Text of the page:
8.6.1 Regular Review. There shall be a review of each officer’s qualifications for office four years after his initial appointment and every fourth year thereafter for as long as he occupies the office in this church. The review shall take place during the next annual church business meeting following the individual officer’s four-year anniversary date. The procedure for review is outlined in Section 8.6.3.

8.6.2 Special Review. There may arise reasons that would require an officer to be reviewed before the regularly scheduled time. Such a review meeting may be called by a majority of the church officers. The members may also request such a meeting. This request can only be made after two or three witnesses (1 Tim. 5:19) have met with the officer in an attempt to resolve the issues of concern. The request must be set forth in writing with the signatures of one-third of the voting members in good standing and presented to the church officers. The church officers may elect to go forward with the requested review meeting or they may elect to call in an advisory council of at least three elders from like-minded churches. The advisory council will advise the church whether to go forward with the review meeting or to dismiss the issue. The review meeting would also follow the procedure of Section 8.6.3.

8.6.3 Procedure for Review. Any meeting for the review of an officer shall be announced on four consecutive Lord’s Days prior to its being held. There shall be discussion and a vote by written ballot regarding the officer under review. During the discussion the officer under consideration and members of his immediate family shall leave the presence of the assembly. The scriptural qualifications shall be read and expounded, and the officer’s qualifications openly discussed in the fear of God and with due respect for the reputation of the officer. Any member who publicly suggests in such a meeting that the officer being reviewed is unqualified for his office must have previously spoken with the officer himself and informed the elders of the church of his concerns (1 Tim. 5:19). He must also present biblical and factual warrant for his concerns at the review meeting. Just as it is wrong for a church to retain an officer who is not biblically qualified, so also it is rebellion against the Head of the church to reject an officer for any but biblical grounds. Additionally, any officer about whom such concerns are raised must be permitted, if he wishes, to return to the meeting and defend himself. Concerning the vote, unanimity of heart and mind shall at all times be sought and prayed for (Acts 6:5), but when such unanimity is not realized, no fewer than three-fourths of those ballots cast shall be required for the confirmation of an officer in his office. Any officer failing confirmation no longer holds office in the church.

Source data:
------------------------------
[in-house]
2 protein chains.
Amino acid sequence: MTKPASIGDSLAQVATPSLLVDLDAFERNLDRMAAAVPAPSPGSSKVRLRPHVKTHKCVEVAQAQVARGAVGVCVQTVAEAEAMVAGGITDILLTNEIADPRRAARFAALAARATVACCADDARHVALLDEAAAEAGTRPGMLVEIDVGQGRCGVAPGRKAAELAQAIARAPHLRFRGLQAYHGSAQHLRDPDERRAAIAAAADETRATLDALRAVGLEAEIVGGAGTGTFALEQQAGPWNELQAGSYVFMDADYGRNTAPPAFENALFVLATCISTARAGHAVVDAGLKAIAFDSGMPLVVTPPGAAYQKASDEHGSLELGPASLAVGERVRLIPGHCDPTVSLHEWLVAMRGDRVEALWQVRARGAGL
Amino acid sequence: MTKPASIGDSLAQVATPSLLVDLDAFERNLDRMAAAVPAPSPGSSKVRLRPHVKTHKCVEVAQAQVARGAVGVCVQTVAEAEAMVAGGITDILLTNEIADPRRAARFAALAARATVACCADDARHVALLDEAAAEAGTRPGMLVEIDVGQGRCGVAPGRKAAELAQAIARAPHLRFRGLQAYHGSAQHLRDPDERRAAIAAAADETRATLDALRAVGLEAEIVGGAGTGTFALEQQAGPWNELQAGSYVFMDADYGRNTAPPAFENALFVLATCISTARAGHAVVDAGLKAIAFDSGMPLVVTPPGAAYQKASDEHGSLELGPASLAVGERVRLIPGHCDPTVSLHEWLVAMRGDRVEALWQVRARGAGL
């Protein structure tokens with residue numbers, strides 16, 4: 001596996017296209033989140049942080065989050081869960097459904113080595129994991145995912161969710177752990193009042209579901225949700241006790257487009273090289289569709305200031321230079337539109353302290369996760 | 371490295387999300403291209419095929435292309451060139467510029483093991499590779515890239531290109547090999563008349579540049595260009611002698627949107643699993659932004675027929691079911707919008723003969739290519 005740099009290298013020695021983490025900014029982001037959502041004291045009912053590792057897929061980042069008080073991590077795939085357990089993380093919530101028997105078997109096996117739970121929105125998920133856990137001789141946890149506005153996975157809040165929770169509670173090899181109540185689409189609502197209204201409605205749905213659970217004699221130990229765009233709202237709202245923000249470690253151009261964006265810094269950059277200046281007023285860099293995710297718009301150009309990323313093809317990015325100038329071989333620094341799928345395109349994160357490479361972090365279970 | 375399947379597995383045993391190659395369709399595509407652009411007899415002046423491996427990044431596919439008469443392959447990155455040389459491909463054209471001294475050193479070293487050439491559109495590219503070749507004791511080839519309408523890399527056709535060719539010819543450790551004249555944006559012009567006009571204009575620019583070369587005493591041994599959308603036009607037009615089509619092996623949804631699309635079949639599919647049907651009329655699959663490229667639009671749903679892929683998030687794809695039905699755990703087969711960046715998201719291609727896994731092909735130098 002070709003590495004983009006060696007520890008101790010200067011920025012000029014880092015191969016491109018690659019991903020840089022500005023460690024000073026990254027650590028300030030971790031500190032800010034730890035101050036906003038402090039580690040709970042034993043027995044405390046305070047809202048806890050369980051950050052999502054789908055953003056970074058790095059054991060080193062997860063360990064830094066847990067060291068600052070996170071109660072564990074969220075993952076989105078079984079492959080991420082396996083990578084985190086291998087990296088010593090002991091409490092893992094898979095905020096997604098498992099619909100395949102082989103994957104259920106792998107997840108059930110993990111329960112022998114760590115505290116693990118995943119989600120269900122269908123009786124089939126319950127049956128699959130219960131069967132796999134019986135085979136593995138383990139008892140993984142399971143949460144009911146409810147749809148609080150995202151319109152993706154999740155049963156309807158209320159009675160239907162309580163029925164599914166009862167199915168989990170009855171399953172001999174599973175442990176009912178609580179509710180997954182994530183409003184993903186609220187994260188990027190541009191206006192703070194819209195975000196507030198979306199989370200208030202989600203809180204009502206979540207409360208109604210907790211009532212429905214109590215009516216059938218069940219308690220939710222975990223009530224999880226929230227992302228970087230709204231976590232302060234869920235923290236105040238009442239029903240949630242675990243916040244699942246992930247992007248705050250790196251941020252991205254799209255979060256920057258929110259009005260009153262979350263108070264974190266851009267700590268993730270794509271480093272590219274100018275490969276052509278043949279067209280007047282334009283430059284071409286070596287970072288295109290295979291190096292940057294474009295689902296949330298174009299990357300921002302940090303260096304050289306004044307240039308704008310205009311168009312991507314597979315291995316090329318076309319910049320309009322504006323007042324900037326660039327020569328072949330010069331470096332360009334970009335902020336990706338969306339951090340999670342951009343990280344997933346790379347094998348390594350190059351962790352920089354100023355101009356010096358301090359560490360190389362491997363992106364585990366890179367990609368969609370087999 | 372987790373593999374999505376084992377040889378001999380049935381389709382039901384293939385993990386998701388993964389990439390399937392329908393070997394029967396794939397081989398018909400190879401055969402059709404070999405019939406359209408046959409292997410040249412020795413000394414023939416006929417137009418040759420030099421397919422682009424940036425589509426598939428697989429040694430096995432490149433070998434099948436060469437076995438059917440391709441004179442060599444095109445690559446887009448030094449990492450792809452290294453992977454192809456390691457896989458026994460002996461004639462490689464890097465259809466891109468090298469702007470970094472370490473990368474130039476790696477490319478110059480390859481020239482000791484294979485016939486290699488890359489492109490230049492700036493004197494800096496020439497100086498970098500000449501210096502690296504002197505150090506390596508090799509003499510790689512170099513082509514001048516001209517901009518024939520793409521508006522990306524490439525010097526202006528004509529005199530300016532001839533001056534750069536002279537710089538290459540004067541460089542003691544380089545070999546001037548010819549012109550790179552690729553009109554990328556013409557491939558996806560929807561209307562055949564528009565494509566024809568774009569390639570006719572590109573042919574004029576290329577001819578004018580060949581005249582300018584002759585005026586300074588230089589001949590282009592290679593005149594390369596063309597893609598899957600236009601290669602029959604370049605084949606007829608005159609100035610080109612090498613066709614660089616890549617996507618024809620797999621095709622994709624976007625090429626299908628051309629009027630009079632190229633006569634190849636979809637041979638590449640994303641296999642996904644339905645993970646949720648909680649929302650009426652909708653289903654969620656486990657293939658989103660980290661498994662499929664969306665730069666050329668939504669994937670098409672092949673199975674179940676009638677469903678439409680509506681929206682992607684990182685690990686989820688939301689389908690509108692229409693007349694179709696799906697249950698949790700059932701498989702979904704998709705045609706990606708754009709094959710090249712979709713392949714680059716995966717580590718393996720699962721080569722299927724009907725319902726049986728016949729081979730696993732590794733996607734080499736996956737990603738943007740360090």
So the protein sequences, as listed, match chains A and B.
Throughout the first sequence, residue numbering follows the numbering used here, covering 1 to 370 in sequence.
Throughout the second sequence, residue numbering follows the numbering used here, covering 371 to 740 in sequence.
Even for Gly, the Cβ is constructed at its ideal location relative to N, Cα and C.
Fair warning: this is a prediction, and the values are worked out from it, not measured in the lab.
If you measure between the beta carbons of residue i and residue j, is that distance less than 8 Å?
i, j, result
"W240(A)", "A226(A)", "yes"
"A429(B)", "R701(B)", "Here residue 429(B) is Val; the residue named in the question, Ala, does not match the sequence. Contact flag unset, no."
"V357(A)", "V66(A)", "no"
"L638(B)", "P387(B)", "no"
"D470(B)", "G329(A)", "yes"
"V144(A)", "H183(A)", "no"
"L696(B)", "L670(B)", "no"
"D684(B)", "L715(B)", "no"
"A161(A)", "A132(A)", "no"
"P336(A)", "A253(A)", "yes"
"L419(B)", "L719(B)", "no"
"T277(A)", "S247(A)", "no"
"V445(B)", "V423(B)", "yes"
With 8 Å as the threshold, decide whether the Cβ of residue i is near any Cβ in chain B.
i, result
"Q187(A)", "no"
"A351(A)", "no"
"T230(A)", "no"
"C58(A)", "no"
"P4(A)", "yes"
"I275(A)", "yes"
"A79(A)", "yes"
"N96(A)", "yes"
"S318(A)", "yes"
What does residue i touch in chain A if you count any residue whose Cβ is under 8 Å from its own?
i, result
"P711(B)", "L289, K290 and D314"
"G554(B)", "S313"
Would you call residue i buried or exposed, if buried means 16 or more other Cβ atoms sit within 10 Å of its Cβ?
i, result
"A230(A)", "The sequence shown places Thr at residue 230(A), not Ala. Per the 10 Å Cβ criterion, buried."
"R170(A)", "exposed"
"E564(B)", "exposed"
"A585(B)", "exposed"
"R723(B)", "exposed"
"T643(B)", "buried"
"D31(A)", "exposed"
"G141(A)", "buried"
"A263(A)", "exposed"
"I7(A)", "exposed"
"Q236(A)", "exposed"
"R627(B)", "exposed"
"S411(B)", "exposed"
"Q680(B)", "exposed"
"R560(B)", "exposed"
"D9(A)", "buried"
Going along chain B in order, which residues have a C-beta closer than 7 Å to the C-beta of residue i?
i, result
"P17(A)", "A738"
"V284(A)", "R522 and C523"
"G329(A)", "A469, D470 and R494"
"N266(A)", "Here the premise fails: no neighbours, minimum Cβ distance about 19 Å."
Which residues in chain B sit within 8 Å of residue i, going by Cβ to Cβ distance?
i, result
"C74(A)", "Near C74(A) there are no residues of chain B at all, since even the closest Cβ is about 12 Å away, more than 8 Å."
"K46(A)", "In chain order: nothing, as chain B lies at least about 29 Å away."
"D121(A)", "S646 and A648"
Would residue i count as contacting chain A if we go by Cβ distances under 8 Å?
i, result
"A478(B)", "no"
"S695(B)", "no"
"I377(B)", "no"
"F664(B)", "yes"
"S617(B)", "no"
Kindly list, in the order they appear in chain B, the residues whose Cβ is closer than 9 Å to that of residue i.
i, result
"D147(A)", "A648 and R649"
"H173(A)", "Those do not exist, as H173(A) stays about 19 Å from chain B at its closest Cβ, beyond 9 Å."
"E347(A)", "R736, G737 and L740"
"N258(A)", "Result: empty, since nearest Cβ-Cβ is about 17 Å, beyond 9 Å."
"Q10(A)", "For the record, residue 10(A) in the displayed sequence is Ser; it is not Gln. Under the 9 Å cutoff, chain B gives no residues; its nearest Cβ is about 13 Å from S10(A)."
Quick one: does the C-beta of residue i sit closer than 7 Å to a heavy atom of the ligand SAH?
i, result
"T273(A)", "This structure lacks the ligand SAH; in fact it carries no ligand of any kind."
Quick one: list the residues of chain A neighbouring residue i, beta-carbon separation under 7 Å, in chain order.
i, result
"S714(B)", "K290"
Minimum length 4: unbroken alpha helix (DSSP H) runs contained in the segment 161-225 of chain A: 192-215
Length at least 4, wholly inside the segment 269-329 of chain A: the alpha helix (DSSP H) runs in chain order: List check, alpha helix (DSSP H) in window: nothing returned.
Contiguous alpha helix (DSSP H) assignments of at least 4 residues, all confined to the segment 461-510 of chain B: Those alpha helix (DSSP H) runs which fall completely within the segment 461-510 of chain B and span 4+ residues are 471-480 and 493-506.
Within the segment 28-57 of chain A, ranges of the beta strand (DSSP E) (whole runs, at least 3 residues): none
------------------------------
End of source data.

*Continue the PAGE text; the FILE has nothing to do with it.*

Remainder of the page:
8.6.4 Resignation. An officer may resign his office without prejudice if he does so in an orderly fashion. This resignation together with its reasons and the date upon which he wishes his resignation to be effective shall be submitted in writing to the elders of the church.